The recently (re)announced Kinder Morgan Utica Marcellus Texas Pipeline (UMTP) is that company’s second iteration of a natural gas liquids (NGL) pipeline from Ohio to the Texas Gulf Coast. If built – the project would facilitate delivery of mixed NGLs (y-grade) and purity NGL products from the Utica to the Gulf Coast - where the liquids could be further processed and/or exported. Those purity products could include both plant and lease condensates. But as we discuss today - the project might currently be more attractive to NGL shippers anxious to get better prices for stranded northeast production than it is to condensate producers.
This blog continues analysis we initiated back in May looking at growing production of lease and plant condensate in the liquids window of the Utica in Ohio (see Give A Little Bit). Utica lease condensate production is currently projected by the Energy Information Administration (EIA) Drilling Productivity Report to reach 66 Mb/d by July 2015. Production of plant condensate (aka, natural gasoline or pentane-plus) from natural gas processing plants in the northeast (from both the liquids rich Pennsylvania/West Virginia Marcellus and Ohio Utica) is expected to be close to 60 Mb/d by the end of 2015 (we recently upped our earlier 50 Mb/d estimate based on EIA plant production data). Midstream companies are investing in new infrastructure to transport these condensate range materials to market. Our analysis started with a look at regional markets for lease condensate (an ultra-light crude that condenses out of the gas stream at the wellhead). We covered plans by the area’s largest refiner, Marathon Petroleum Company, to increase their processing of lease condensate and light crude at their Canton, OH and Robinson, IL refineries by adding a condensate splitter and new light crude handling capacity respectively. To feed these and other Midwest refineries, Marathon’s logistics subsidiary, MPLX is building the 180 Mb/d Cornerstone pipeline – due online by the end of 2016. MPLX is also shipping lease condensate down the Ohio River to their Catlettsburg, KY refinery that brought a splitter online in June 2015. Refineries in the Louisiana Gulf Coast region are also receiving Utica lease condensate by barge via the Ohio and Mississippi Rivers.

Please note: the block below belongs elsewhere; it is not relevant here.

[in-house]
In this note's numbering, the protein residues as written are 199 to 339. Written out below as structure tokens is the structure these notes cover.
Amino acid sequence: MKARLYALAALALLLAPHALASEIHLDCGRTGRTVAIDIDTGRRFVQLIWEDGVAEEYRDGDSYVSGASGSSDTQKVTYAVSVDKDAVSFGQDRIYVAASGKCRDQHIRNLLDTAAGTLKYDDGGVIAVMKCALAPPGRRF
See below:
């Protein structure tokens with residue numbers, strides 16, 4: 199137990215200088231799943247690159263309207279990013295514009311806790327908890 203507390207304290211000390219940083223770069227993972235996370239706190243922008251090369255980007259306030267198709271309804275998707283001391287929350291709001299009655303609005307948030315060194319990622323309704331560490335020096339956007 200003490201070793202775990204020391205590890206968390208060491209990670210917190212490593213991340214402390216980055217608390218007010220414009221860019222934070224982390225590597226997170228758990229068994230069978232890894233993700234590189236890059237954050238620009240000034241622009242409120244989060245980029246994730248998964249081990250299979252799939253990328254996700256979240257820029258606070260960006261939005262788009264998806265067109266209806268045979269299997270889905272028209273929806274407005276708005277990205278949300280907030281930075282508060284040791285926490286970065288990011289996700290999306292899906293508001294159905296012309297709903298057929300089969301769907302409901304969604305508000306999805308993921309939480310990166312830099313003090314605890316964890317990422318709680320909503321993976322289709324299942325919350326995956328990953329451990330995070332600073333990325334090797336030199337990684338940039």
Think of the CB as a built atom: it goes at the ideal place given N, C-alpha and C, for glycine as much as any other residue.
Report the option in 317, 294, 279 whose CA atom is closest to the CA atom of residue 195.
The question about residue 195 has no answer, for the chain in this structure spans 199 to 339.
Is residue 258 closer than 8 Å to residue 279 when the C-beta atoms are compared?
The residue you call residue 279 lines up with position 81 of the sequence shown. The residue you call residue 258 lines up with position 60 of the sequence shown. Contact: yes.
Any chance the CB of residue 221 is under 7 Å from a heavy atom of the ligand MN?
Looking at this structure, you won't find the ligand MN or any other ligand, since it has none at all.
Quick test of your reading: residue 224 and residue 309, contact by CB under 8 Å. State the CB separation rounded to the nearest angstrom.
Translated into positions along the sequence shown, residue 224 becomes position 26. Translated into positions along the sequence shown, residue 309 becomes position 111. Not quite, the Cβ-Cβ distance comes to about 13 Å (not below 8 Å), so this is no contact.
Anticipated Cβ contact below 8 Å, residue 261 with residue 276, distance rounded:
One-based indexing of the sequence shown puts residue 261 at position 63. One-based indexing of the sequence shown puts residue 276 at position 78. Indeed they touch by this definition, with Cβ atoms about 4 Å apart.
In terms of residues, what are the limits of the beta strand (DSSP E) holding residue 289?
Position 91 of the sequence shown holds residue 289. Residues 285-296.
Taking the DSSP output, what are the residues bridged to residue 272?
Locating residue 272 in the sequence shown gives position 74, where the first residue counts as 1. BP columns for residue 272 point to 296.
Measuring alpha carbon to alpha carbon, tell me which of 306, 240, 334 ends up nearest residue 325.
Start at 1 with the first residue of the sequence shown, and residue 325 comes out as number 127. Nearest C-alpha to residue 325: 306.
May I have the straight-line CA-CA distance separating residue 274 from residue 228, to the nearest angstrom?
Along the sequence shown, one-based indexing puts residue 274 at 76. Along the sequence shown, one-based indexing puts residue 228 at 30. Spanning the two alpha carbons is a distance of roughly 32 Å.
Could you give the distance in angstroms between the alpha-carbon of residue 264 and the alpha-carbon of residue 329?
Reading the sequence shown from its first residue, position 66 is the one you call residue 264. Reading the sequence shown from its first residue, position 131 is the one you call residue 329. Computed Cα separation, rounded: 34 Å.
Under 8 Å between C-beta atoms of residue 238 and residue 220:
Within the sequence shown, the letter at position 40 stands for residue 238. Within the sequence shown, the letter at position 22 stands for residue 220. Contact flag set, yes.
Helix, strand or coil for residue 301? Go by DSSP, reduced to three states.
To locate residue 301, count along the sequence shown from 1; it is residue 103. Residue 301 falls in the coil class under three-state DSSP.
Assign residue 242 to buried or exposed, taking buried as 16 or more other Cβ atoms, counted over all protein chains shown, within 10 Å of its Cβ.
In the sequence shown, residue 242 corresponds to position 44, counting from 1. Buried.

At least 4 barge terminals in Ohio and West Virginia are delivering these supplies. Episode 2 in the series - covered developing plans to move plant condensate or natural gasoline to Western Canada as diluent for blending with heavy oil sands crude - to enable the latter to flow easily in pipelines. Plant condensate is an NGL extracted from wet gas at processing plants – a similar material to lease condensate but with a defined specification that makes it more attractive for diluent blending. The Utica is geographically close to the origins of two major diluent pipelines from the Chicago area to Western Canada (Cochin and Southern Lights – see Parallel Lines). As a result a number of infrastructure projects have been proposed in the past two years linking plant condensate production in Ohio to these pipelines. We detailed the Kinder Morgan Utopia West project that would deliver up to 95 Mb/d of plant condensate to the Cochin and Southern Lights diluent pipelines in the Chicago area beginning in 2018. An interim Kinder Morgan project would deliver plant condensate to the Cochin pipeline via a rail terminal at Milford, IN - due online by the end of 2015. Subsequent to that post, MPLX pointed out that their Utica build out project plans ultimately include providing shippers on the Cornerstone pipeline with connectivity to the Cochin and Southern Lights diluent pipelines. This time we take a look at another Kinder Morgan pipeline project that could deliver both plant and lease condensate (as well as other NGLs) from the Utica to the Gulf Coast.